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Citizens group asks DOJ to overturn Proposition 123


Claiming Proposition 123 was illegally enacted, a group of citizens is asking the U.S. Department of Justice to review — and overturn — the voter-approved measure to put more dollars into public schools.

Attorney Thomas Ryan, who represents Advocates for School Trust Lands, contends the state cannot legally increase the amount of money being taken from state trust proceeds without first getting congressional approval.

He said the trust is a contract between the state and the federal government, which gave Arizona the lands a century ago. Ryan said that means it cannot be unilaterally altered by state officials.

Even if federal consent is not required, Ryan is arguing that the cash being taken from the trust cannot be used to settle the lawsuit filed against the state by public schools for failing to comply with a 2000 voter mandate to increase aid to education annually to compensate for inflation. He said that debt to schools — affirmed by the Arizona Supreme Court — must be paid with funds that do not already constitutionally belong to schools.

Daniel Scarpinato, press aide to Gov. Doug Ducey, who crafted and pushed the ballot measure, said the issue was thoroughly researched even before the May election and the voter-approved withdrawal is legal.

At the heart of the issue is what is known as the Enabling Act that created Arizona as a state.

It also provided Arizona with about 10 million acres of federal land, directing that it be sold or leased for the benefit of specific entities, mostly public education. About 9.2 million acres remain and the value of the public school trust is close to $5 billion.

Prior to Proposition 123, schools and other beneficiaries of the trust annually got 2.5 percent of what is in the account. That was changed by the referendum to 6.9 percent for the next 10 years.

The move is part of a deal to end a lawsuit filed against the state by the schools for failing to provide that inflation funding. The Supreme Court ruled lawmakers broke the law; the question of how much was owed was still being litigated when the schools agreed to a settlement.

That deal will provide an extra $3.5 billion to schools over the decade, with $2.2 billion of that coming from the additional trust proceeds. Ryan wants Attorney General Loretta Lynch to step in and declare the additional withdrawal void.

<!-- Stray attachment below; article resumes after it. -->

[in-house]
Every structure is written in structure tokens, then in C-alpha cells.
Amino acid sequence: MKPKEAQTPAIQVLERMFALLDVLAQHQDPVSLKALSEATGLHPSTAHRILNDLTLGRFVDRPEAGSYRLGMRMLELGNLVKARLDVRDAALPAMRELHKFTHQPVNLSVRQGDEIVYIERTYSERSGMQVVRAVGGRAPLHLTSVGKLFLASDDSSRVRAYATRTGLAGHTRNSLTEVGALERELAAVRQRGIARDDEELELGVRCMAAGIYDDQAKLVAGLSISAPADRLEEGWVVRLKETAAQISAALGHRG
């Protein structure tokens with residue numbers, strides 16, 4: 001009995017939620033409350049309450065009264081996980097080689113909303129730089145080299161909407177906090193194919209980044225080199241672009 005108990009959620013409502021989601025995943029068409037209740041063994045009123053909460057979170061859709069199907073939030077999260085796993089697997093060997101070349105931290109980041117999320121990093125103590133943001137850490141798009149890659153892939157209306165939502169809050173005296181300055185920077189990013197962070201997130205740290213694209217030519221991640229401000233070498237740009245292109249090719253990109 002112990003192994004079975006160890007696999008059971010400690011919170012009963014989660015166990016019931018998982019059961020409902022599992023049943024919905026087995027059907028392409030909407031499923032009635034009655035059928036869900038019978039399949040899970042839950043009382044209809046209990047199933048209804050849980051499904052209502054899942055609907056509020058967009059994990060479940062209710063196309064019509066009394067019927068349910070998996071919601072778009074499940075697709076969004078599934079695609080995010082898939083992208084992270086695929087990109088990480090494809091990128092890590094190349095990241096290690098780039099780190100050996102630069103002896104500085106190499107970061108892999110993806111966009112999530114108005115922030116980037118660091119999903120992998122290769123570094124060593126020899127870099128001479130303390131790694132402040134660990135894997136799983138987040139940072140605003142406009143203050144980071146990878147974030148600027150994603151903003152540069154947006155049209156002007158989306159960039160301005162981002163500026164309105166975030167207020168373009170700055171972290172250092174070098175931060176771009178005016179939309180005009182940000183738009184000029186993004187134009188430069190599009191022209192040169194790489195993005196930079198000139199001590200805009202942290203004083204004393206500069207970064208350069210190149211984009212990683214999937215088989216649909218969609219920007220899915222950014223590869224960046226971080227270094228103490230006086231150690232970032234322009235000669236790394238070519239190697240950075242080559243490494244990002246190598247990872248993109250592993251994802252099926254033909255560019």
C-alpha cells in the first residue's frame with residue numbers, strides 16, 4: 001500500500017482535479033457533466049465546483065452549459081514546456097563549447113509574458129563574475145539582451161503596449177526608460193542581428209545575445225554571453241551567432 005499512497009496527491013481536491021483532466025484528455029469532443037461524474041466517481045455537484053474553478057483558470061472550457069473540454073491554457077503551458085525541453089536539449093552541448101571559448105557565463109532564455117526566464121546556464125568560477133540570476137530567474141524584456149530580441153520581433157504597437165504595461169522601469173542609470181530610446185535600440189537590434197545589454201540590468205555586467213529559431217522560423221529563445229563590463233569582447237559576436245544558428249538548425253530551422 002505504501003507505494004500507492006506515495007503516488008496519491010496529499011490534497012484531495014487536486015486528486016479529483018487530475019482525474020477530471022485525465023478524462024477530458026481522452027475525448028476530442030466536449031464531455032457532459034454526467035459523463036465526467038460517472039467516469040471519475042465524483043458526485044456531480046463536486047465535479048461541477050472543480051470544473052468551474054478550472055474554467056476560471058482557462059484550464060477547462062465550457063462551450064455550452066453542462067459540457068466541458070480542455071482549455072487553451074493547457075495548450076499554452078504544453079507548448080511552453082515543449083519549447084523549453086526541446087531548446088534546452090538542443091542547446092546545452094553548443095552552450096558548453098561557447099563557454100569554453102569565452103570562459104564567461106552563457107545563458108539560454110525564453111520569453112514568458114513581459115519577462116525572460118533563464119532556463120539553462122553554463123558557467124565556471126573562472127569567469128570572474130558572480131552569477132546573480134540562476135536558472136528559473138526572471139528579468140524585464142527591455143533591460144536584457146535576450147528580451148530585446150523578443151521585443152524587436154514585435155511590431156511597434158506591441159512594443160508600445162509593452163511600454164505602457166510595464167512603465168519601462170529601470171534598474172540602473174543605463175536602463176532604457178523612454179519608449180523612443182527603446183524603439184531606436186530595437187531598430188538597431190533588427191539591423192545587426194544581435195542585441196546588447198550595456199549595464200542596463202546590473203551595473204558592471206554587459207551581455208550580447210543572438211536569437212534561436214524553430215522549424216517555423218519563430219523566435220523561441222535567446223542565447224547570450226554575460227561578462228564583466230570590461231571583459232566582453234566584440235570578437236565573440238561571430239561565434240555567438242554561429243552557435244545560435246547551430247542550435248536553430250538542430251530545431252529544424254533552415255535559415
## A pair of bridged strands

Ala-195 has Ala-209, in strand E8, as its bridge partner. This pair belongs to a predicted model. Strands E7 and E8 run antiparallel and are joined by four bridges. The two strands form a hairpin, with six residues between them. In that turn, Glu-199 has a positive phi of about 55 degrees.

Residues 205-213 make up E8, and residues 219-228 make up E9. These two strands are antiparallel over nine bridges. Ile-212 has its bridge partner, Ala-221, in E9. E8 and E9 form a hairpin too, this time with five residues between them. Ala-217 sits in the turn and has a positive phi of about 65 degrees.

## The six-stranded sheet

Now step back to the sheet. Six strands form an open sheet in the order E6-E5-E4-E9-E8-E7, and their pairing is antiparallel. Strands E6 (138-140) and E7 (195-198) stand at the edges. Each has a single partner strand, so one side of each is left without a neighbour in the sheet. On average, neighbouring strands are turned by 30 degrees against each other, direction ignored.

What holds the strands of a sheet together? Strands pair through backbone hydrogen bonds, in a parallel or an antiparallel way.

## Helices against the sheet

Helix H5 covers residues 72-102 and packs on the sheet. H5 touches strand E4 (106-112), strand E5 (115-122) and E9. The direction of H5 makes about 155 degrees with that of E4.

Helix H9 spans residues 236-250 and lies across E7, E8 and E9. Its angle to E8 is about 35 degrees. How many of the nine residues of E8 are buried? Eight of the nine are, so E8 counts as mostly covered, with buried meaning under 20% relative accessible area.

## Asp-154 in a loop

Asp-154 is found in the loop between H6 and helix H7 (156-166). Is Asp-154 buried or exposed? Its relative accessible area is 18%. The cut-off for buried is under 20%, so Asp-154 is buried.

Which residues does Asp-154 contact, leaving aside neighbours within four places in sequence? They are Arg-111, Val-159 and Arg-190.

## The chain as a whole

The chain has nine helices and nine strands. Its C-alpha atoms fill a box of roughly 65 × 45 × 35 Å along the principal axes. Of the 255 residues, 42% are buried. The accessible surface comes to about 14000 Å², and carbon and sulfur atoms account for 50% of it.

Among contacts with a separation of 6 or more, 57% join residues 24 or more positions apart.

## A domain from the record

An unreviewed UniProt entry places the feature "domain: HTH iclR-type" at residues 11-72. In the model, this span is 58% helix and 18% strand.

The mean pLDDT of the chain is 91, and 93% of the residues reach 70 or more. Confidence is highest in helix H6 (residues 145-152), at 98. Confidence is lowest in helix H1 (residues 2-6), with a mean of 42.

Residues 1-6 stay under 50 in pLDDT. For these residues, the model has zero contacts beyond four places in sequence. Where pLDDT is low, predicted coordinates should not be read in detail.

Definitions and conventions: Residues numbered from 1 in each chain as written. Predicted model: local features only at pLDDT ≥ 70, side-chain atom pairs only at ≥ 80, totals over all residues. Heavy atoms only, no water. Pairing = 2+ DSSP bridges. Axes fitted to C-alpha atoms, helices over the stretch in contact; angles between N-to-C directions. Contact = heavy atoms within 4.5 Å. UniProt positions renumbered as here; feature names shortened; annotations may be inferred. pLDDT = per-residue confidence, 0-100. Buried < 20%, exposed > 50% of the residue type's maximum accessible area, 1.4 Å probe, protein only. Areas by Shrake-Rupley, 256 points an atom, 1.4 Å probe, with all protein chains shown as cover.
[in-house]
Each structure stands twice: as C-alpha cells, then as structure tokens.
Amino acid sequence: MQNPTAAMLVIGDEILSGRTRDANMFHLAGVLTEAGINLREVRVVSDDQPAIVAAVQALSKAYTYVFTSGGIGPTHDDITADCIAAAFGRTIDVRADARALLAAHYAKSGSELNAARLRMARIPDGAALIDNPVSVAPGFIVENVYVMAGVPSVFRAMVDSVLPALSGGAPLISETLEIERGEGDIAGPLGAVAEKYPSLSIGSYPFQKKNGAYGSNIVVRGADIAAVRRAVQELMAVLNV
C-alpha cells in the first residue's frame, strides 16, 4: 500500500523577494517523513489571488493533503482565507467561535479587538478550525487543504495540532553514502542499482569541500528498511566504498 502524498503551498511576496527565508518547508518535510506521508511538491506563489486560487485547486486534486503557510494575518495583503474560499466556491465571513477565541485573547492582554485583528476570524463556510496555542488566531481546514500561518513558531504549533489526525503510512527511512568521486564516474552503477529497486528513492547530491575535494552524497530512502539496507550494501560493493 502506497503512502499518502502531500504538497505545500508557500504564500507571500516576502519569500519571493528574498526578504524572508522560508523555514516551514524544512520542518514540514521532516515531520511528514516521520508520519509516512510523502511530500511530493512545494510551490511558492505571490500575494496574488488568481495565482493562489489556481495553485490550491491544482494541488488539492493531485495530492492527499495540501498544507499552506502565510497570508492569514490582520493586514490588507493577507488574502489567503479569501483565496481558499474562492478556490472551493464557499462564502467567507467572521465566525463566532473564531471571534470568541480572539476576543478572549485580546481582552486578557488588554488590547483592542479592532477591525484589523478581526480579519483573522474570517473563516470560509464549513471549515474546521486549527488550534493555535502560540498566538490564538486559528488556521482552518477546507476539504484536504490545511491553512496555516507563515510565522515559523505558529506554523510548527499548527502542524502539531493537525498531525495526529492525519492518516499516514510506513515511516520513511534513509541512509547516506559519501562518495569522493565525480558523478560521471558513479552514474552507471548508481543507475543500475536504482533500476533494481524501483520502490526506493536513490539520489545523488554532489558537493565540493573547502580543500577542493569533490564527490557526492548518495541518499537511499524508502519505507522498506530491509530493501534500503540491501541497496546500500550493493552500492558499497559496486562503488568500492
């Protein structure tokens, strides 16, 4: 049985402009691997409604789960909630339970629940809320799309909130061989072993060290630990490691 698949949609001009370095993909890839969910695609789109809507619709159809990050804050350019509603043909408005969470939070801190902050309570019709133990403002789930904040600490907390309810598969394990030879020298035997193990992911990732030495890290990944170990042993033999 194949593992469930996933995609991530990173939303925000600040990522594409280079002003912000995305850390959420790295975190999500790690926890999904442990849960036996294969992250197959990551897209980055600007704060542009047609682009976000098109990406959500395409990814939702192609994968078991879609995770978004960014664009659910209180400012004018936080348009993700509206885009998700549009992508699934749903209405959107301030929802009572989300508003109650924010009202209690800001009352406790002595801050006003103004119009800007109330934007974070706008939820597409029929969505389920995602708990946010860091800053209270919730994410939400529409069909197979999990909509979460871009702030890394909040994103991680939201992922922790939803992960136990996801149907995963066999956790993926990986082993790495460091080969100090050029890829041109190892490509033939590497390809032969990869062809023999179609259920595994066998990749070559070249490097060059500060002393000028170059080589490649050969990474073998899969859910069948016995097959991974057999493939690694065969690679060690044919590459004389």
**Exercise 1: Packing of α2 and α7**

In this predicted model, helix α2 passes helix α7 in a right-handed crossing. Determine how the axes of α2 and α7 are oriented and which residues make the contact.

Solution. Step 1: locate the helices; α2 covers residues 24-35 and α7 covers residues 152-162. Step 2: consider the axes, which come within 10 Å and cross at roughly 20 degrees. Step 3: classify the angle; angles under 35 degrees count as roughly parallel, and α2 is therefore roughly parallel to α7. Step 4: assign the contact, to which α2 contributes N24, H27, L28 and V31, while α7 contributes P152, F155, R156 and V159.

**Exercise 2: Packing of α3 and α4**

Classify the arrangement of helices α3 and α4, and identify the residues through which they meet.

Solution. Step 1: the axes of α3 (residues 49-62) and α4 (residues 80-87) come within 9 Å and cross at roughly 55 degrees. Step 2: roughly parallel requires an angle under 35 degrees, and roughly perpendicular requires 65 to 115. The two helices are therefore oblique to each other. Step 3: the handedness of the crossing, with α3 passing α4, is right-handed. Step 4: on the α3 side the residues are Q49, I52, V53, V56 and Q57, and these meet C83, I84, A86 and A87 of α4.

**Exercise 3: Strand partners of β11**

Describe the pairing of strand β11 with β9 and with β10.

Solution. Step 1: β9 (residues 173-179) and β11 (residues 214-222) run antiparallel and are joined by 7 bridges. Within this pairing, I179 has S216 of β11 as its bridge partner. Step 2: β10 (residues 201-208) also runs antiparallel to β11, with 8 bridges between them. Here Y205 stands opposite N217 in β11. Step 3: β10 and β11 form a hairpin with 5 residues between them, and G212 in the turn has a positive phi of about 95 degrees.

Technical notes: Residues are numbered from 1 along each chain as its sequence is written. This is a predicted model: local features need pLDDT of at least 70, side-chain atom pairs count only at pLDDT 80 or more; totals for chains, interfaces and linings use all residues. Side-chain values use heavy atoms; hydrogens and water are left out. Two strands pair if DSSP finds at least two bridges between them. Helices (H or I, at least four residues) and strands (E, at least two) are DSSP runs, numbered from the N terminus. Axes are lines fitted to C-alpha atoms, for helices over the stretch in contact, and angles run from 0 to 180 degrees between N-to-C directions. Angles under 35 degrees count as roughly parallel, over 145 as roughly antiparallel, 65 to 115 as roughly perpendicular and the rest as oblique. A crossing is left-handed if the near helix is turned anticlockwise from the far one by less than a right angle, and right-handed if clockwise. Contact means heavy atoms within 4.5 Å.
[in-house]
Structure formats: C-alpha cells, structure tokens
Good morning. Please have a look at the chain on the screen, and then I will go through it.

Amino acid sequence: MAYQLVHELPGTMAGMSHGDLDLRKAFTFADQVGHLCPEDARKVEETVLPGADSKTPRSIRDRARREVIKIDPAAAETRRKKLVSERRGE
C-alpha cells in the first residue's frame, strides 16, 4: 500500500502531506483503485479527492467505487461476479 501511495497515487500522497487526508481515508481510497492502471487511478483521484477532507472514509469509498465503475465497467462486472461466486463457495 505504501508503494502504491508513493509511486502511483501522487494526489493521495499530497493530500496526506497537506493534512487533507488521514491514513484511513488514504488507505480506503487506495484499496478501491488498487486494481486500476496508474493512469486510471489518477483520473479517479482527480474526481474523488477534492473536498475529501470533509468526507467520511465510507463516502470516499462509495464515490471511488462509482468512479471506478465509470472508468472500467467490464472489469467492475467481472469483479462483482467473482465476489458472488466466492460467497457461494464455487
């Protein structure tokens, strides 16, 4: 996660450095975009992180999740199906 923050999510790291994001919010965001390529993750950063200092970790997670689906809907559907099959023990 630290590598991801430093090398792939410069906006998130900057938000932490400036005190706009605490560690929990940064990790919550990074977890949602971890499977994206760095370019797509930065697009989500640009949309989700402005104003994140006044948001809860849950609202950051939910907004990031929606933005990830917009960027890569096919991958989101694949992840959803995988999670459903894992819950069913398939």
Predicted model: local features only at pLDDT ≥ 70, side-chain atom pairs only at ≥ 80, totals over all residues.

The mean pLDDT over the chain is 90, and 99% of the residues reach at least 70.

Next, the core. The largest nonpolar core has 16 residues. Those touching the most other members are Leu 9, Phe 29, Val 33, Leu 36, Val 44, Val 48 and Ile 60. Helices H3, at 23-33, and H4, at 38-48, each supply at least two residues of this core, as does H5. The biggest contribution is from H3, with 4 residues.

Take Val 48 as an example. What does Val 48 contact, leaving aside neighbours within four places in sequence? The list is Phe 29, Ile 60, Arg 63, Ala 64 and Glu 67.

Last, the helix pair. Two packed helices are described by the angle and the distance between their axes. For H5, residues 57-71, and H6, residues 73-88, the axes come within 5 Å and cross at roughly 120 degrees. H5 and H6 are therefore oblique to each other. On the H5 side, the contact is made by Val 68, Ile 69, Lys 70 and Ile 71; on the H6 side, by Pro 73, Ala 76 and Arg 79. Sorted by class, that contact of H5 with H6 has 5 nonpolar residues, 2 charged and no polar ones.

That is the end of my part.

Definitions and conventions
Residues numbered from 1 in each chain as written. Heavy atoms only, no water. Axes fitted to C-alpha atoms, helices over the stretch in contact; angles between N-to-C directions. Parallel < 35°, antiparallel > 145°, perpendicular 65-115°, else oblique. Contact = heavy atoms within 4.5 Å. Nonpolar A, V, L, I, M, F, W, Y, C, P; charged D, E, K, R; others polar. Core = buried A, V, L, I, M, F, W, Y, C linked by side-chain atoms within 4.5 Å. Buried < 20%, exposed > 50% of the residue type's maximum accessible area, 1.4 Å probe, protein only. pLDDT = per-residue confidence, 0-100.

“A serious and substantial breach of trust against the Arizona Permanent School Fund and generations of Arizona school children is occurring,” Ryan wrote along with Margaret Bird, a member of the board of Advocates for School Trust Lands, along with other Arizona residents.

Some of that is based on the argument that the state cannot alter the formula without amending the Enabling Act.

Ducey has disputed that. He even got former Congressman John Shadegg to testify to a legislative committee that a 1999 amendment to the 1912 Enabling Act is broad enough to  allow Arizona voters, by amending the state Constitution as they did in Proposition 123, to decide how they want to spend the trust without getting further federal approval.

In fact, Shadegg told lawmakers that he reads that 1999 amendment to allow voters to drain the entire trust if they want.

Proposition 123 does not go that far. But it does affect the account.

Legislative budget staffers said that without approval of Proposition 123 and a change in the withdrawal rate, the fund would grow to about $9 billion by 2025. They said the additional withdrawals will instead leave it at $6.2 billion by that date.

In his letter to Lynch, Ryan said the 1912 law specifically authorizes the attorney general to sue “to enforce the provisions” of the Enabling Act, including “the application and disposition of the said (trust) lands and the products thereof and the funds derived therefrom.” And he said the fact that the first disbursements have already gone out to schools does not mean it’s too late for Lynch to intercede and determine if Arizona violated the federal law by changing the distribution formula without getting congressional approval.

“What’s going on is improper,” he said. “Just because somebody passes Prop 123 doesn’t mean the other side of the contract doesn’t have a right to look at it.”

The letter actually seeks more than a look by Lynch. It asks her to “protect schools, public school children and the Arizona Permanent School Fund by taking corrective legal action.”

Ryan isn’t the first to raise questions.

State Treasurer Jeff DeWit made some of the same arguments ahead of last year’s vote. And even after it was approved, he asked the attorney general’s office to tell him and members of the state Board of Investment whether they could legally give out the extra dollars.

But Solicitor General John Lopez sidestepped the question, pointing out that a suit had been filed in federal court challenging the referendum.

“This office does not issue formal opinions regarding matters that are the subject of pending or impending litigation,” Lopez wrote to DeWit.

As it turned out, Phoenix resident Michael Pierce, who filed that lawsuit on his own without an attorney, never pursued the matter. So there has never been a legal ruling on the issue.

Ryan said he considered litigation but decided not to go that route.

“As a private citizen who is a solo practitioner, the cost of taking on the state myself would be astronomical,” he said. “Asking the Department of Justice to do a review of this I think is a rational, reasonable, sensible approach to determining whether or not the state can unilaterally modify the contract.”

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